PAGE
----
DJB I was just thinking of that further verse in John 6, “He that eats My flesh and drinks My blood dwells in Me and I in him” (v56). That is what the Lord said; how far I know it for myself would be a question. But we do well to hold to the truths of Scripture and then seek to make them our own.
SML Yes, what would you say is the consequence of that?
DJB Well, “He … who eats Me shall live also on account of Me” (John 6:57). The true life of the Christian is in relation to the Lord Jesus. That is it! It is a very solemn fact that it was just at that point that so many went away (v66). It sorted out who the true disciples were. They did not know much, but they clung to the One Whom they trusted.
SML “To whom shall we go?” (v68). It is really Peter saying on behalf of the others, ‘There is nobody else.’
Now, in Exodus 40 we have the cloud at the tent of meeting. I was not thinking so much of the detail of it, but that throughout the wilderness journey, when the cloud moved, the people moved. And when the cloud stayed, however long it stayed, then they remained static. And I just thought about this in relation to the kind of guidance that we need in the wilderness setting. It is a pathless waste, and that is what we find ourselves in. But this Scripture seems to bring out that the cloud covered the tent of meeting, and therefore wherever the cloud was, the tent was, and the children of Israel were expected to encamp and organise themselves in relation to the tent. And I think, quite simply, if the cloud had moved and some people did not, they would very soon have got left out and lost. Indeed, that perhaps happened to some, because it says their carcasses were strewed in the wilderness (Num 14:29; 1 Cor 10:5). So I thought, what does this actually mean for us? How does this movement of the cloud relate to what we should be doing? Now it seemed to me, in what is presented here, that the cloud does not speak of detailed guidance such as ‘What job shall I do?’ or ‘Shall I live in this house or that one?’, but rather of guidance in the general tenor of our lives, in the same way that the children of Israel had to take account of where God’s tent of testimony was – where He was speaking from.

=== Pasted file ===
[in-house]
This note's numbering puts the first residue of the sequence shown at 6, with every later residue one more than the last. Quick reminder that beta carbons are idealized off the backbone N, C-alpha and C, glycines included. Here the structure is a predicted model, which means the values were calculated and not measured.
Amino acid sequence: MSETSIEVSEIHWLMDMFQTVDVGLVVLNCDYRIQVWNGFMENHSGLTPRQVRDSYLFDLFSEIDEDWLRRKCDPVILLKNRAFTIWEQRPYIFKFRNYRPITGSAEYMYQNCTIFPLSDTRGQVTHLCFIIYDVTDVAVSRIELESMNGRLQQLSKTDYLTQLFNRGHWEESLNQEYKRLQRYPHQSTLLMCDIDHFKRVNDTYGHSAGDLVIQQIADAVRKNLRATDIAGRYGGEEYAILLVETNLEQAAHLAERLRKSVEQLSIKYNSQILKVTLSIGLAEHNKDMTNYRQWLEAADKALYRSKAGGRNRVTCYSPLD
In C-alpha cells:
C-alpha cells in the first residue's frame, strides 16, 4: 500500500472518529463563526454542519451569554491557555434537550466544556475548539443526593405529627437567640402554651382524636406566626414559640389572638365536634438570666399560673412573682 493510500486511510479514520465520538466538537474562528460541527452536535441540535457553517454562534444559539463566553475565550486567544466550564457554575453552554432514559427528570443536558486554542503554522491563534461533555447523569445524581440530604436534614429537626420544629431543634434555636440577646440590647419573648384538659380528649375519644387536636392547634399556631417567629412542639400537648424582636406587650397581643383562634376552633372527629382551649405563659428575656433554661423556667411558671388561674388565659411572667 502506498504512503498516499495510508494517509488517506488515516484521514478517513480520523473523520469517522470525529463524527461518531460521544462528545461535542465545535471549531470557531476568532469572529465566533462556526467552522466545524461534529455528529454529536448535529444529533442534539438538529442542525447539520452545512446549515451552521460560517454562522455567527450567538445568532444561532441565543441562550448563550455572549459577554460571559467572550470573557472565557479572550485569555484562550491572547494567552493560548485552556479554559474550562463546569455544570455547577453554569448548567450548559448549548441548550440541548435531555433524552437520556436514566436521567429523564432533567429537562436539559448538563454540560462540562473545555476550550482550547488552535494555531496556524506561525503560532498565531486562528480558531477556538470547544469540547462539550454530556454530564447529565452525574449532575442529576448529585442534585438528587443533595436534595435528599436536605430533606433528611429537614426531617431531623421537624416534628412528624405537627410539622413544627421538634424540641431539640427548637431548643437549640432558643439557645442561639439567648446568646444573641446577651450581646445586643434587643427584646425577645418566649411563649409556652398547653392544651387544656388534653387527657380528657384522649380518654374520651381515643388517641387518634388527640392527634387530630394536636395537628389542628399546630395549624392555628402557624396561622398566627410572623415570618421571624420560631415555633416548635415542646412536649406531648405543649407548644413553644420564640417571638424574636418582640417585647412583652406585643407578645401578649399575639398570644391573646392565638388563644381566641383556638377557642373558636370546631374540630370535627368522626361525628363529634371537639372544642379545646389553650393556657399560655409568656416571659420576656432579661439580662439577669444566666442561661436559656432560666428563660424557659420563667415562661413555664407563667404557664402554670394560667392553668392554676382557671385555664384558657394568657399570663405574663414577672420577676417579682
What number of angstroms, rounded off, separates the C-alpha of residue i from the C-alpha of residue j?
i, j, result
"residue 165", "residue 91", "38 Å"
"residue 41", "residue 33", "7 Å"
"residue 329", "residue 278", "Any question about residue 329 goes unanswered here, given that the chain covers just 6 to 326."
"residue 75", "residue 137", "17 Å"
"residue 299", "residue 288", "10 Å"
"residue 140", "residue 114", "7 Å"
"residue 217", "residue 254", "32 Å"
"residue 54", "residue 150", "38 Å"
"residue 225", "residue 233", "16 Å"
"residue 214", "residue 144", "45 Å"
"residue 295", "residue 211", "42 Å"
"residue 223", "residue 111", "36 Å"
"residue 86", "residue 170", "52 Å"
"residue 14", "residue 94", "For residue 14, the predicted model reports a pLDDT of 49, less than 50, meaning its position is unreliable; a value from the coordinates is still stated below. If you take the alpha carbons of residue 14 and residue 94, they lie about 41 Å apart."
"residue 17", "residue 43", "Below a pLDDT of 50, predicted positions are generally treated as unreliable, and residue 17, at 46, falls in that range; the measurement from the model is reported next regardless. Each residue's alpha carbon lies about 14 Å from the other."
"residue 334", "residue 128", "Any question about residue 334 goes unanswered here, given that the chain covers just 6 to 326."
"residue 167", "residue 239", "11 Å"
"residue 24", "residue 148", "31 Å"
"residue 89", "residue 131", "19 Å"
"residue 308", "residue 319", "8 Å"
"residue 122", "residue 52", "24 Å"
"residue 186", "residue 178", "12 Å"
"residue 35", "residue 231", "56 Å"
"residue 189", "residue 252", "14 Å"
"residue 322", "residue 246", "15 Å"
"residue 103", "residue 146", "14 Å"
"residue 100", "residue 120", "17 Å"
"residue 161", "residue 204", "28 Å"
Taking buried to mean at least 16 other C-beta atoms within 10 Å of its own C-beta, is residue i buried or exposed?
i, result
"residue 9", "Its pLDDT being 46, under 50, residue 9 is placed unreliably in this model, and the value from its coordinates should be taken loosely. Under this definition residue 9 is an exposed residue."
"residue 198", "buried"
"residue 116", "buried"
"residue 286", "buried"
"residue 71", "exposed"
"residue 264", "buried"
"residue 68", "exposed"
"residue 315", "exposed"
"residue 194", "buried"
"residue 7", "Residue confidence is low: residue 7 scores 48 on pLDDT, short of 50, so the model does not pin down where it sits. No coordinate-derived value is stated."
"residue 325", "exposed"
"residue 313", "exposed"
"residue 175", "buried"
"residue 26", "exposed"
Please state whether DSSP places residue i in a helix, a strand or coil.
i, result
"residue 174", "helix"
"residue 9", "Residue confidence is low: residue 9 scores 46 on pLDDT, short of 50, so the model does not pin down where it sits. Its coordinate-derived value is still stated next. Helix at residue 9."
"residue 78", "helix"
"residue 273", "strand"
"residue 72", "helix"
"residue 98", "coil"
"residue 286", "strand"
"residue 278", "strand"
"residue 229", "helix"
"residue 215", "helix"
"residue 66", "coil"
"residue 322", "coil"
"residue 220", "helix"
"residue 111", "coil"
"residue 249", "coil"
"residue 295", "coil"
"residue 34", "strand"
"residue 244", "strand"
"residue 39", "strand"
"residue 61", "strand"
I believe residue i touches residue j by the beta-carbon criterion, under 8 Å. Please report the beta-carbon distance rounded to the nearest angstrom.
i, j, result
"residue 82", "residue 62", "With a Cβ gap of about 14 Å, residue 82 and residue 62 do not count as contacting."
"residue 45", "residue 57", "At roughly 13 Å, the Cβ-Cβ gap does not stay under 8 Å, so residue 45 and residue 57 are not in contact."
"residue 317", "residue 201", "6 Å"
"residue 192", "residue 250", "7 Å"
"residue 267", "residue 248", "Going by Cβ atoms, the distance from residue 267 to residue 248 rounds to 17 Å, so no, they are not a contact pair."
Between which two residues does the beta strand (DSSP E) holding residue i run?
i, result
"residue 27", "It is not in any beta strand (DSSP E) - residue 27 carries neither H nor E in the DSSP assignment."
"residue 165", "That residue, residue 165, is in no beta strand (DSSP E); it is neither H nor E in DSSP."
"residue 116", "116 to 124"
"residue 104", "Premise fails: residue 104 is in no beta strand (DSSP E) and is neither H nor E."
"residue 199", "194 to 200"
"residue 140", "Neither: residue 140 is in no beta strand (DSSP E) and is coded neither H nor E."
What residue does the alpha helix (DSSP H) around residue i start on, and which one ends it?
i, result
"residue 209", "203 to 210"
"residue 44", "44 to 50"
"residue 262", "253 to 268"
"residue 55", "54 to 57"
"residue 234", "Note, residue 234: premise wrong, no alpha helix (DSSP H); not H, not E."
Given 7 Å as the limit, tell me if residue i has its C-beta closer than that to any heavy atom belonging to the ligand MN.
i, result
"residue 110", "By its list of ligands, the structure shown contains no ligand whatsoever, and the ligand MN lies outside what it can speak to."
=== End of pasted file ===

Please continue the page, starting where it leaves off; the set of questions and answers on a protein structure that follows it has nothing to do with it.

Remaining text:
AWGS Would you therefore relate this, in measure, to what the Spirit says to the assemblies (Rev 2:7 etc.)?
SML Yes, I am sure there is a real parallel there; but the cloud, in its bearing on us, challenges us as to ‘What is the bent of my life? Is it related to the things of God, or is it related to me and the world?’
AWGS So the children of Israel would have been looking at this cloud to see if it had moved. Men like Caleb and Joshua would be an example of this to others. Now, can we be like them?
SML The first thing that an Israelite, presumably, would have done when he woke up in the morning was to see where the cloud was. If the bent of our lives is related to the things of God, it will actually provide a way of guidance as to what kind of career I choose, what kind of person I marry, what kind of practical arrangements I have in my house, and so forth. It provides guidance, preservation and blessing, even in relation to the pathless waste around us. I thought it might just have a voice to all of us in that way, that if the bent of my life is to please myself, well, it will not lead to anything very spiritual or anything very much for God or anything of that life which we have been speaking about from John 6, but it will lead to spiritual death and despair. But if the bent of my life is actually to serve God, then it will have a very practical effect on the things that I do and the things that interest me.
AWGS There was not only a cloud, there was a fire.
SML What do you see in that?